The figure describes how commonly and how strongly the wind blows from different directions through a typical December. The longest spokes point in the directions the wind most commonly blows from and the shade of blue suggests the strength, with the darkest shade of blue strongest. It is based on 1736 NWW3 forecasts of wind since since 2006, at 3hr intervals, for the closest NWW3 model node to Cap Lopez, located 27 km away (17 miles). There are insufficient recording stations world wide to use actual wind data. Invevitably some coastal places have very localized wind effects that would not be predicted by NWW3.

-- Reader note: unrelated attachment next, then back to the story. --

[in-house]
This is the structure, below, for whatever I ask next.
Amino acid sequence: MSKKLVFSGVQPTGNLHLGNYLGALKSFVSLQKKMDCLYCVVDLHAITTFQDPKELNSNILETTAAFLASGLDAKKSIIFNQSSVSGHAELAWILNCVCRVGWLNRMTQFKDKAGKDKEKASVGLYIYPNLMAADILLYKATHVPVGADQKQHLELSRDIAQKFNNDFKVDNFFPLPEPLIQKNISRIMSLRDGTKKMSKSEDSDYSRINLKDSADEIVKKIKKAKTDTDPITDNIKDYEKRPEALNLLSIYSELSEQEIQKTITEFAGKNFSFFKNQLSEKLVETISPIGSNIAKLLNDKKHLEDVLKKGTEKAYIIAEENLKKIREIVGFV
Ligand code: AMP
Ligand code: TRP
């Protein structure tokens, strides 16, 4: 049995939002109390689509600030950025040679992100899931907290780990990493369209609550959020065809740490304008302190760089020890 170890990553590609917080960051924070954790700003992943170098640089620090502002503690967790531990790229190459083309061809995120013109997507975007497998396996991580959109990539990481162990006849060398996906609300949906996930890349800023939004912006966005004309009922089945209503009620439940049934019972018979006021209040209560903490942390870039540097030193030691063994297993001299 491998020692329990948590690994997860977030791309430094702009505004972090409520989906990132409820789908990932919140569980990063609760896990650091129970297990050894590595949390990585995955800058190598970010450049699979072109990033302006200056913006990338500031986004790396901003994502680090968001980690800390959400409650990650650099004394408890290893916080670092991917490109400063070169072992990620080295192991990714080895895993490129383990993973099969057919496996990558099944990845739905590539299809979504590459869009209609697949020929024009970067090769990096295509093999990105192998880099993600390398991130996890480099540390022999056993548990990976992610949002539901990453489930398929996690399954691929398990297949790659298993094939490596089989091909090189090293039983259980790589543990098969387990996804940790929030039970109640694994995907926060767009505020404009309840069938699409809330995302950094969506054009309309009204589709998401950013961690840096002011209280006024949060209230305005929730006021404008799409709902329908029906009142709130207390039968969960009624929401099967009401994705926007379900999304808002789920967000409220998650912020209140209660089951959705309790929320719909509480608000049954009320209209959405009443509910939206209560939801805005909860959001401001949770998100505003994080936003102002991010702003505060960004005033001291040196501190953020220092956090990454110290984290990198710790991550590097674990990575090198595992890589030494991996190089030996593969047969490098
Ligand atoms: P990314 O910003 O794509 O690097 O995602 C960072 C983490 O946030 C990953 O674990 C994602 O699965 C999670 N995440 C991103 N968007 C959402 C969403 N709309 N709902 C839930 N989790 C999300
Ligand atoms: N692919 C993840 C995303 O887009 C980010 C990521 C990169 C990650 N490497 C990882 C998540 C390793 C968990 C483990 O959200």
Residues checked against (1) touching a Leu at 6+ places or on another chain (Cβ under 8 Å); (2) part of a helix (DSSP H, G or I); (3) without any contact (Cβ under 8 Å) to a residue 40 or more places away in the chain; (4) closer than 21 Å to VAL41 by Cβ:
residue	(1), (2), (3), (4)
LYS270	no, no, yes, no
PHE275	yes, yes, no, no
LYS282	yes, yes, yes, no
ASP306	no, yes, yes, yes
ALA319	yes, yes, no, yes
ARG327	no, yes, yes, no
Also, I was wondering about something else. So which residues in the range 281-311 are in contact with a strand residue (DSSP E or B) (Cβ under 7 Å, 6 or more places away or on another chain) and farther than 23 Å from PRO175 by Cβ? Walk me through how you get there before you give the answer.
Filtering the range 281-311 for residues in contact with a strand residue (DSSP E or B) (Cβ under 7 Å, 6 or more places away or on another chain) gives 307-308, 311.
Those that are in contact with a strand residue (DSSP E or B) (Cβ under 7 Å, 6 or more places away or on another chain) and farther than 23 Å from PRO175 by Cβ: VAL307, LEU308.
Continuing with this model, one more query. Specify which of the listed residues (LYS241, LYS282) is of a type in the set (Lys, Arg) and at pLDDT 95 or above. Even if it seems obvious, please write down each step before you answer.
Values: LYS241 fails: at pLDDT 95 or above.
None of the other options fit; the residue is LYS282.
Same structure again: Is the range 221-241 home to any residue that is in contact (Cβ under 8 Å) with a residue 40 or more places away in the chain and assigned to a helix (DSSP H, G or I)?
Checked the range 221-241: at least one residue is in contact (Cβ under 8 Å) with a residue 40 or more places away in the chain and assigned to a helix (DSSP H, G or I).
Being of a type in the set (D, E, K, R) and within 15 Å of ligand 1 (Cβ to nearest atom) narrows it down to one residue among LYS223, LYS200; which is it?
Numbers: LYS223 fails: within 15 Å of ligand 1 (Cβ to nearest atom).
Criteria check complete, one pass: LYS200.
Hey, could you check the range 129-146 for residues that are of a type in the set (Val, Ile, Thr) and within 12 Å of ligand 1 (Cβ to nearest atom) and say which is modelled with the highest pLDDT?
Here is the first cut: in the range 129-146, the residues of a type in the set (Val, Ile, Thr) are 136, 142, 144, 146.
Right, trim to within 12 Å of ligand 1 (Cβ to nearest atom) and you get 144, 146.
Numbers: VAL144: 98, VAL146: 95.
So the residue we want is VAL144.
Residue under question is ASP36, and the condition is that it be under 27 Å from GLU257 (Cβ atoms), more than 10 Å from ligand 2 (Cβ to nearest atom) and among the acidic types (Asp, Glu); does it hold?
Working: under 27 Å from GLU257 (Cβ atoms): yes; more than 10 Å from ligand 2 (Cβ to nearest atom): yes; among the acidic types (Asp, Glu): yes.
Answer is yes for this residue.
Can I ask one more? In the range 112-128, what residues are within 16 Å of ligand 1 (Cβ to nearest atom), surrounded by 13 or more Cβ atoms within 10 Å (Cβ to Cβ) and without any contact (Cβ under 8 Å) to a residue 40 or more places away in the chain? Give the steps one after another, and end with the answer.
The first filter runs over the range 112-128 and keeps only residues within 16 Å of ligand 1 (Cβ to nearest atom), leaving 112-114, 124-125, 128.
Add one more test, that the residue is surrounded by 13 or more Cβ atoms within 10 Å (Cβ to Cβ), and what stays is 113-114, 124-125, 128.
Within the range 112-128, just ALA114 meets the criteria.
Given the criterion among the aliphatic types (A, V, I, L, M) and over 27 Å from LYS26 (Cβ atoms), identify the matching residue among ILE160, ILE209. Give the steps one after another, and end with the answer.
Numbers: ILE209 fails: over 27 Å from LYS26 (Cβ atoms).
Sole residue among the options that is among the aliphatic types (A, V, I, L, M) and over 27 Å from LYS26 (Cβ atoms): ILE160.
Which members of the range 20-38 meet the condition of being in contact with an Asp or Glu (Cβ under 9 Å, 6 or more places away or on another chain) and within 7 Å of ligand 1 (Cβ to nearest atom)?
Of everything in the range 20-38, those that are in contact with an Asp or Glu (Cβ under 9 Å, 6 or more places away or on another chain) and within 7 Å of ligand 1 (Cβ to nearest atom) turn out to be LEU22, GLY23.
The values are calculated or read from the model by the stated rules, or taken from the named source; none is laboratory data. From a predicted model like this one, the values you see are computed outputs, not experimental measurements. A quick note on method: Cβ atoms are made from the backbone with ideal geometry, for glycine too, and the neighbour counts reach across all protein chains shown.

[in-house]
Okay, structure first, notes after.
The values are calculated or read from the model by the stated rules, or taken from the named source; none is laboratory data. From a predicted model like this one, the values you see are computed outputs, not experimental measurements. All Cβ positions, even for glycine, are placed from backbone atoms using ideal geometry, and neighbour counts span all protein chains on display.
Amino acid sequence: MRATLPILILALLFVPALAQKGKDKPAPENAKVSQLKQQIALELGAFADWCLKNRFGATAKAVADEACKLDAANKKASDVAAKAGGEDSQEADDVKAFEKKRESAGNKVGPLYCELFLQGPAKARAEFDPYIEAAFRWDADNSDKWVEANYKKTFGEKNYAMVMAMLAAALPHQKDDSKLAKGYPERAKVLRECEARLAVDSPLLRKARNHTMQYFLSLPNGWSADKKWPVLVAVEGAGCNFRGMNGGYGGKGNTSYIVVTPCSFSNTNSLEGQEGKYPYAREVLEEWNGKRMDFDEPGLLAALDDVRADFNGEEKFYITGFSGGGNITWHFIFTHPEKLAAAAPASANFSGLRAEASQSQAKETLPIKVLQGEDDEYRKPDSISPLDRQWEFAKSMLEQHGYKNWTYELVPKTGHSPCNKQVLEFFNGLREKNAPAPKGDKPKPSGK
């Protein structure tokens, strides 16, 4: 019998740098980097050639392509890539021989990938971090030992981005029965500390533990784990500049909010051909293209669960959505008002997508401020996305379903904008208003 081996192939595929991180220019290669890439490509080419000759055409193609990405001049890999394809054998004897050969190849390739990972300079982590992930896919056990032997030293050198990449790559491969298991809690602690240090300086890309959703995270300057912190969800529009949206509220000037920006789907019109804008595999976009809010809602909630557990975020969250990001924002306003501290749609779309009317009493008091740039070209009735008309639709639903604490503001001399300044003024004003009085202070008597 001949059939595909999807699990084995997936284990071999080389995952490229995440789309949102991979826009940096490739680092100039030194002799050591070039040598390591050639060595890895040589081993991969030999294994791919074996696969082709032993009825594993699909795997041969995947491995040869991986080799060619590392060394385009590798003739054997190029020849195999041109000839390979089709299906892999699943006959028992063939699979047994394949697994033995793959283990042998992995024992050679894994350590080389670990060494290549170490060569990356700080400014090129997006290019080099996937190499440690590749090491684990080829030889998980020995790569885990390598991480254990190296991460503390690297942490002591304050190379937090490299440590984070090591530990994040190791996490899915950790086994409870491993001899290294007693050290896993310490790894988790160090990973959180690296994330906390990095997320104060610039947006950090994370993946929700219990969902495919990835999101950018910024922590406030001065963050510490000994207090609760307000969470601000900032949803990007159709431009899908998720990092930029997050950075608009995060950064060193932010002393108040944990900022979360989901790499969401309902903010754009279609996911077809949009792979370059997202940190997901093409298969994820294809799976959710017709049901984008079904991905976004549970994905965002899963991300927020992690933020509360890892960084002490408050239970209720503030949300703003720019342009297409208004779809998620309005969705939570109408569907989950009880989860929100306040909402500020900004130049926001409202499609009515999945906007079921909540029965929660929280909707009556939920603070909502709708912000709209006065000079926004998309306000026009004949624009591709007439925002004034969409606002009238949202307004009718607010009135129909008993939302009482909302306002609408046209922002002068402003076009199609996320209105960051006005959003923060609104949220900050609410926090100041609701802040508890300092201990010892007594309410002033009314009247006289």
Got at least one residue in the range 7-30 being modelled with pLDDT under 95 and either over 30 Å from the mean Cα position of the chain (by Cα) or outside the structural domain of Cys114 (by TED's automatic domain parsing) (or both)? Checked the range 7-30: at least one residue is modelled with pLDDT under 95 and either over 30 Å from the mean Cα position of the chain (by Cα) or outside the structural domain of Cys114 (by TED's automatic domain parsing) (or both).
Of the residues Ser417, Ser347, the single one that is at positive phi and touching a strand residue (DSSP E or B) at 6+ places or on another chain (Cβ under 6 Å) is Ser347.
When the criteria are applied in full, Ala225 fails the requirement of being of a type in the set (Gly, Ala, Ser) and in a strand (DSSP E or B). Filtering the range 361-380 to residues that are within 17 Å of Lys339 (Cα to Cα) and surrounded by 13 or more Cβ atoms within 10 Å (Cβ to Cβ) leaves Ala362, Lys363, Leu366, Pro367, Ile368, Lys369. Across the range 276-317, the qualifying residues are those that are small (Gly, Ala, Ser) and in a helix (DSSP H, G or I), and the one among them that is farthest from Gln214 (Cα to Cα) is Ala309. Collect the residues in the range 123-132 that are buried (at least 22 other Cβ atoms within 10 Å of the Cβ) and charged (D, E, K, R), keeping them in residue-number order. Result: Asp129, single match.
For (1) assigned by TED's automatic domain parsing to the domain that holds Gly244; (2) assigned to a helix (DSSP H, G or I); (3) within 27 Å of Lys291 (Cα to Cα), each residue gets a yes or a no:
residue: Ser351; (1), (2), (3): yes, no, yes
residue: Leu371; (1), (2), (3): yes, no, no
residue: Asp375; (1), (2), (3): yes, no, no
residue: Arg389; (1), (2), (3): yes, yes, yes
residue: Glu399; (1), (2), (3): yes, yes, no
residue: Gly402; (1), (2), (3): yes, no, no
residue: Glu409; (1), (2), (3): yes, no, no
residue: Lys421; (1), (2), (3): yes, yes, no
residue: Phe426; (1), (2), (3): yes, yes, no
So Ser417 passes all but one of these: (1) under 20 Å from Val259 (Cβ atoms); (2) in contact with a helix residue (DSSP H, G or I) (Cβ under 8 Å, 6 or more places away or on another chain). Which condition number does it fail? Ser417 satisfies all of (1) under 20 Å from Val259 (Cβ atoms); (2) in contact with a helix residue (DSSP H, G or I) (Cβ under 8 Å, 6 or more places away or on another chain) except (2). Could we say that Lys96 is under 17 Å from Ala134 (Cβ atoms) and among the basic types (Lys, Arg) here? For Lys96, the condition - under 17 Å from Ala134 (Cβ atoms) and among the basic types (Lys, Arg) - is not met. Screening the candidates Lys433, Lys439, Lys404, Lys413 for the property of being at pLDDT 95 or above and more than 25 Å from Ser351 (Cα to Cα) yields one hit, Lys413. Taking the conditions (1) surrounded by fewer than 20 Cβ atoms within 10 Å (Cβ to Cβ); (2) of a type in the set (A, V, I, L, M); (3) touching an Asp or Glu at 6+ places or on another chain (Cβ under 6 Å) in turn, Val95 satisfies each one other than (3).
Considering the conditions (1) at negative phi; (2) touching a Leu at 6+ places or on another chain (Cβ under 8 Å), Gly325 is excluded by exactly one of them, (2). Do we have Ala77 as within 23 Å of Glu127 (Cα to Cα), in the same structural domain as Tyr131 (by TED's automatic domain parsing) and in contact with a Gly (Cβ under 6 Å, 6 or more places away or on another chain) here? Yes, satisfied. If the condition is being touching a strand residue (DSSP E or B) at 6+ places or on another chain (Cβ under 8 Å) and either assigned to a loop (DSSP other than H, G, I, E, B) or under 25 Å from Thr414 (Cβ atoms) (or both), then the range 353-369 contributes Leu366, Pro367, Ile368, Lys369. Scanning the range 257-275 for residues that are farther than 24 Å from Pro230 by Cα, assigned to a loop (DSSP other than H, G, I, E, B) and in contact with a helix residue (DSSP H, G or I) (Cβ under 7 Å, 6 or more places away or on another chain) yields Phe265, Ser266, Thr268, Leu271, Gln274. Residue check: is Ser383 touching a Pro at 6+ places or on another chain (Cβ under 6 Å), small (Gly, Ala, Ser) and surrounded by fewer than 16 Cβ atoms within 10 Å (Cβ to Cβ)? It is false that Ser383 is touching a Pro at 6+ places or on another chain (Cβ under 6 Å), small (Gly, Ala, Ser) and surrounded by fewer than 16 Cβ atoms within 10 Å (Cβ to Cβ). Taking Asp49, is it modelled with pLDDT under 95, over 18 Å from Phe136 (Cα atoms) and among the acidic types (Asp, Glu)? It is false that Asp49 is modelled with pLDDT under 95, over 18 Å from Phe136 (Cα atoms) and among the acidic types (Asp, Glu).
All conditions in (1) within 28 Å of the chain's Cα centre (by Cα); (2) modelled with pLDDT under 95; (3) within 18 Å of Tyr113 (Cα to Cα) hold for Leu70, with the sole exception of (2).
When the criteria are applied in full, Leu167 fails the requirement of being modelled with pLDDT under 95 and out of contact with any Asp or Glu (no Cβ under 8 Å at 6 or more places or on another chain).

According to the model, the prevailing wind at Cap Lopez blows from the SSW. If the rose plot shows a nearly round shape, it means there is no strong bias in wind direction at Cap Lopez. By contrast, dominant spokes show favoured directions, and the more the darkest shade of blue, the stronger the wind. Spokes point in the direction the wind blows from. Over an average December, the model suggests that winds are light enough for the sea to be glassy (pale blue) about 19% of the time (6 days each December) and blows offshore 52% of the time (16 days in an average December). During a typical December winds exceeding >40kph (25mph) are not expected, but 0 have winds on the range 30-40 (19-25) at Cap Lopez
IMPORTANT: Beta version feature! Swell heights are open water values from NWW3. There is no attempt to model near-shore effects. Coastal wave heights will generally be less, especially if the break does not have unobstructed exposure to the open ocean.